Supreme Court ruling to allow political donations by big corporations revives tension between the White House and the judiciary.
Obama finds enemy on court bench in battle over election campaign funds
"Not true, not true" were the words Samuel Alito, a US Supreme Court justice, appeared to be mouthing when Barack Obama criticised a recent court decision during his State of the Union address. "With all due deference to separation of powers, last week the Supreme Court reversed a century of law that, I believe, will open the floodgates for special interests, including foreign corporations, to spend without limit in our elections," President Obama, who taught constitutional law at the University of Chicago, said on January 27.
As Democrats applauded, the six justices present were still, except for Mr Alito, who shook his head repeatedly, mouthing the words. His reaction became fodder for pundits and activists across the political spectrum and raised public awareness of a court decision that John White, a constitutional law professor at Catholic University in Washington, called an "overreach". The court in the 5-4 decision overturned two previous rulings and said corporations could use their money to run adverts supporting or opposing political candidates. They would still be prohibited from contributing funds directly to a candidate.
Mr Alito, who was appointed to the court by George W Bush, sided with the majority in a case that has many scholars, as well as the president and Mr White, questioning the ruling and the ramifications it could have. "I don't think American elections should be bankrolled by America's most powerful interests or, worse, by foreign entities," Mr Obama said in his speech. "They should be decided by the American people."
The court in Citizens United v Federal Election Commission did not rule specifically on foreign contributions as they were not differentiated from domestic ones, and there are restrictions on them that were not at issue in the case. Some scholars see the court's ruling as potentially opening the door to more foreign involvement in US campaigns and taking them out of the political parties' control.
Larry Sabato, director of the Center for Politics at the University of Virginia, said some of the reaction "might be overblown" while pointing out that "it isn't even easy to prohibit foreign companies from contributing. What's a foreign company in the global economy? Most big entities have American subsidiaries." Mr Sabato said that companies try to keep friends on both sides and he doubted that many corporations were "going to jump in with both feet".
"It's too upsetting and controversial for shareholders," he said. "There will be a few prominent cases of corporations entering the fray in specific cases this fall, and they will get a lot of attention." Mr White said that Ben Ginsburg, the former general counsel for the Republican National Committee, criticised the decision, saying "that it would deprive political parties the control of their messages during their campaigns".
"Ginsburg's point is very well taken," Mr White said. "While there has been a lot of focus as to which party would benefit from the decision, the long-term impact could very well be to weaken both parties." As for Mr Obama taking on the Supreme Court, both Mr Sabato and Adam Winkler, a constitutional law professor at the University of California, Los Angeles, said that although presidents do not often criticise the court in State of the Union addresses, it has happened before.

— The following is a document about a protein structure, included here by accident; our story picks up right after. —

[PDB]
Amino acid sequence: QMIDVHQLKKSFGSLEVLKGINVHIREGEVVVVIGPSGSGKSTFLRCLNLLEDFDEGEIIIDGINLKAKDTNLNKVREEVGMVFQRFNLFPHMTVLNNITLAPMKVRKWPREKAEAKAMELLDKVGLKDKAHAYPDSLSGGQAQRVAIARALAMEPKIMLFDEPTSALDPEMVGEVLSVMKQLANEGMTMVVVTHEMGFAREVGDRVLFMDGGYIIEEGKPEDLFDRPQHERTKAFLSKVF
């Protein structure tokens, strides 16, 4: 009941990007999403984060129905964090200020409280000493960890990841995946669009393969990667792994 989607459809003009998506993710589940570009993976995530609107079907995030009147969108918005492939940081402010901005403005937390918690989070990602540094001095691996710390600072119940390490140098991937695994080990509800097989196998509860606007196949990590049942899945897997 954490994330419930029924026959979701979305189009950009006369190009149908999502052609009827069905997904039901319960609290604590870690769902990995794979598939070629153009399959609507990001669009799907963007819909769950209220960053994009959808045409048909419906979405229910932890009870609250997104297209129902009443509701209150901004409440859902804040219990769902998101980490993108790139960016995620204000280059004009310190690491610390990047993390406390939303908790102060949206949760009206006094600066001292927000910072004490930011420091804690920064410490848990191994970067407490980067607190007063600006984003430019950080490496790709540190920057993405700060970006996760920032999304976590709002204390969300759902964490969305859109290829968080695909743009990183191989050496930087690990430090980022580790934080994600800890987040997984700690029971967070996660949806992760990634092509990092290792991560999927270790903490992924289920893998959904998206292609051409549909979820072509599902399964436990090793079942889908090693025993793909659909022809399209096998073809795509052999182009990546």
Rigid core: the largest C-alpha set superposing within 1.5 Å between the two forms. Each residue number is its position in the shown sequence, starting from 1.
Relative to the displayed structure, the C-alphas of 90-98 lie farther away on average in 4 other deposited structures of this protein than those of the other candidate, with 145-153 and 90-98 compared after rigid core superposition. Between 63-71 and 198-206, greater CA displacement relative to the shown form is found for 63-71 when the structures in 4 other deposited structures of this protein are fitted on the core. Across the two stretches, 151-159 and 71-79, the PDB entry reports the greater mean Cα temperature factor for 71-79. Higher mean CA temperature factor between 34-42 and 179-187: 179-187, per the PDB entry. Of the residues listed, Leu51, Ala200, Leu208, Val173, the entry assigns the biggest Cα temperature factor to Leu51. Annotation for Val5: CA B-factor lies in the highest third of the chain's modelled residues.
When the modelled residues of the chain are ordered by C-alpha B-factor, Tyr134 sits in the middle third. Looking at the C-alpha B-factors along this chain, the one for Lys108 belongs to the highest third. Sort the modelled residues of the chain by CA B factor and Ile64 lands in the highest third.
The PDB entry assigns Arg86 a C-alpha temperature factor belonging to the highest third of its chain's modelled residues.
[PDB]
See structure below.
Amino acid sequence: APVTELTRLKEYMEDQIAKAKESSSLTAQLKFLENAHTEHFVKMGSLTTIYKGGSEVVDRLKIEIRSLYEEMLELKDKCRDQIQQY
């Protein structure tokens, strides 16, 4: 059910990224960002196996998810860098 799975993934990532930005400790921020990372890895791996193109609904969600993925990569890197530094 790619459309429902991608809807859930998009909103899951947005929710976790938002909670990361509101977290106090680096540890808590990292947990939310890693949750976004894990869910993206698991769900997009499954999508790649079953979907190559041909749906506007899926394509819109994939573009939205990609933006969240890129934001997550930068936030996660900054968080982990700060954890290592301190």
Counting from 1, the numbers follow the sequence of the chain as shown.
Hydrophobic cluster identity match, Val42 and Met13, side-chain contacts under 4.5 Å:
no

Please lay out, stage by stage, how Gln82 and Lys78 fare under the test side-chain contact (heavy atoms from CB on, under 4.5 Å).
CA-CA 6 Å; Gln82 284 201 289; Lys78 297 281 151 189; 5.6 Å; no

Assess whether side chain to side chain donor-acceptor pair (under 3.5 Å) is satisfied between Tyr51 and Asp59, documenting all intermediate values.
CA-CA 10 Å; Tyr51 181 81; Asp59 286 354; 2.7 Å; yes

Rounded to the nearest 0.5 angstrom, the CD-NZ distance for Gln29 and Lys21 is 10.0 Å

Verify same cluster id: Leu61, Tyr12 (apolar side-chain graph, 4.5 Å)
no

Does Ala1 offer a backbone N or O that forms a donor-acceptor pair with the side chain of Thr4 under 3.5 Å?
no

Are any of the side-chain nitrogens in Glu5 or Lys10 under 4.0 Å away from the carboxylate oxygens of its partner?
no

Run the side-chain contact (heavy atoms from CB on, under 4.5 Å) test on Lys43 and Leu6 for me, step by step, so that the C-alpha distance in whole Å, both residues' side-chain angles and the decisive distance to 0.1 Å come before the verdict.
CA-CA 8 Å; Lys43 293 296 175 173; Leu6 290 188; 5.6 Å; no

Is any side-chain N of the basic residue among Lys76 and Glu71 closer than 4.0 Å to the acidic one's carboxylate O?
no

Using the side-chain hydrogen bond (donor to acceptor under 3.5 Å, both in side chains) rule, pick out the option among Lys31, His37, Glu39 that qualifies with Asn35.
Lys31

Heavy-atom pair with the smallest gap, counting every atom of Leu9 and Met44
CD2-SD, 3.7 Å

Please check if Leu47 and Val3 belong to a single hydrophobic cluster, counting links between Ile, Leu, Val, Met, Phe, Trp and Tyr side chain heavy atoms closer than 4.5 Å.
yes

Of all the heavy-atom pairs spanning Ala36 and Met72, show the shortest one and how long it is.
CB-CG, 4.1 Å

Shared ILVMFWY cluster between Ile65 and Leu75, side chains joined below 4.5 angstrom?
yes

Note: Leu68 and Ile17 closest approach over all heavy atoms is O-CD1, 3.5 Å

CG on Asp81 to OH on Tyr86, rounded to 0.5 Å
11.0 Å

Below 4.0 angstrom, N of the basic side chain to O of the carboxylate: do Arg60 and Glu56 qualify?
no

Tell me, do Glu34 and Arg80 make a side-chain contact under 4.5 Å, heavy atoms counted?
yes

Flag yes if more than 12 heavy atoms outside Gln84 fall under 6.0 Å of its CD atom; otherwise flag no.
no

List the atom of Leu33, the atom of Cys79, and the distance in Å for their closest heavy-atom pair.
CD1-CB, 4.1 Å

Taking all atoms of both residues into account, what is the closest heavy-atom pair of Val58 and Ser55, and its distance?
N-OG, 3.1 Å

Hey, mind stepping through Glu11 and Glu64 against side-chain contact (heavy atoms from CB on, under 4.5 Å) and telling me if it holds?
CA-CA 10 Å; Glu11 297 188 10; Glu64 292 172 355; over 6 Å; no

"Franklin D Roosevelt, for instance, castigated the Supreme Court in much harsher language for overturning his New Deal programmes," Mr Winkler said. "Every president likes to score points condemning 'activist judges'." "Occasionally, presidents such as [Ronald] Reagan have made mention of decisions they hoped would be altered by legislation, but nothing as tough as Obama's words," Mr Sabato said.
Aside from Mr Alito's reaction, Mr Obama's harsh talk will probably not have any effect on the work of the court. "Life-tenured Supreme Court justices are not going to be cowed by public criticism of their decisions, even by the president. The president still has no power to punish the justices, most of whom probably figure they will be in office long after Obama is back in Illinois," Mr Winkler said.
Mr Obama does, however, have the ability to influence legislation and sign it into law, and the president urged Democrats and Republicans to pass a bill that, he said, helped correct some of the problems with the court decision. A US Senate committee is studying proposals that would reapply the restrictions on corporate campaign giving. "There are a number of options available to Congress," Mr Winkler said. "One reform that might stand would be to require shareholder consent for corporate political spending. Congress could pass a law banning corporate spending by firms with substantial foreign investors. Or it could ban corporate political spending by firms with government contracts."
Regardless of what happens with the issue in Congress, Mark Rozell, a public policy professor at George Mason University in Virginia, finds the State of the Union brouhaha between Mr Obama and the Supreme Court to be a natural outcome. "There is nothing in [the US] system of separated powers that renders improper criticism of one branch of government by another," he said. "Congress and the president criticise each other all time: why is the court above any such counterbalancing influence?
"The court is not above criticism or challenge by another branch of government. And considering this was a sweeping 5-4 decision that overturned years of congressional deliberations and legal precedents, why would anyone be surprised by public officials expressing their disagreement?" firstname.lastname@example.org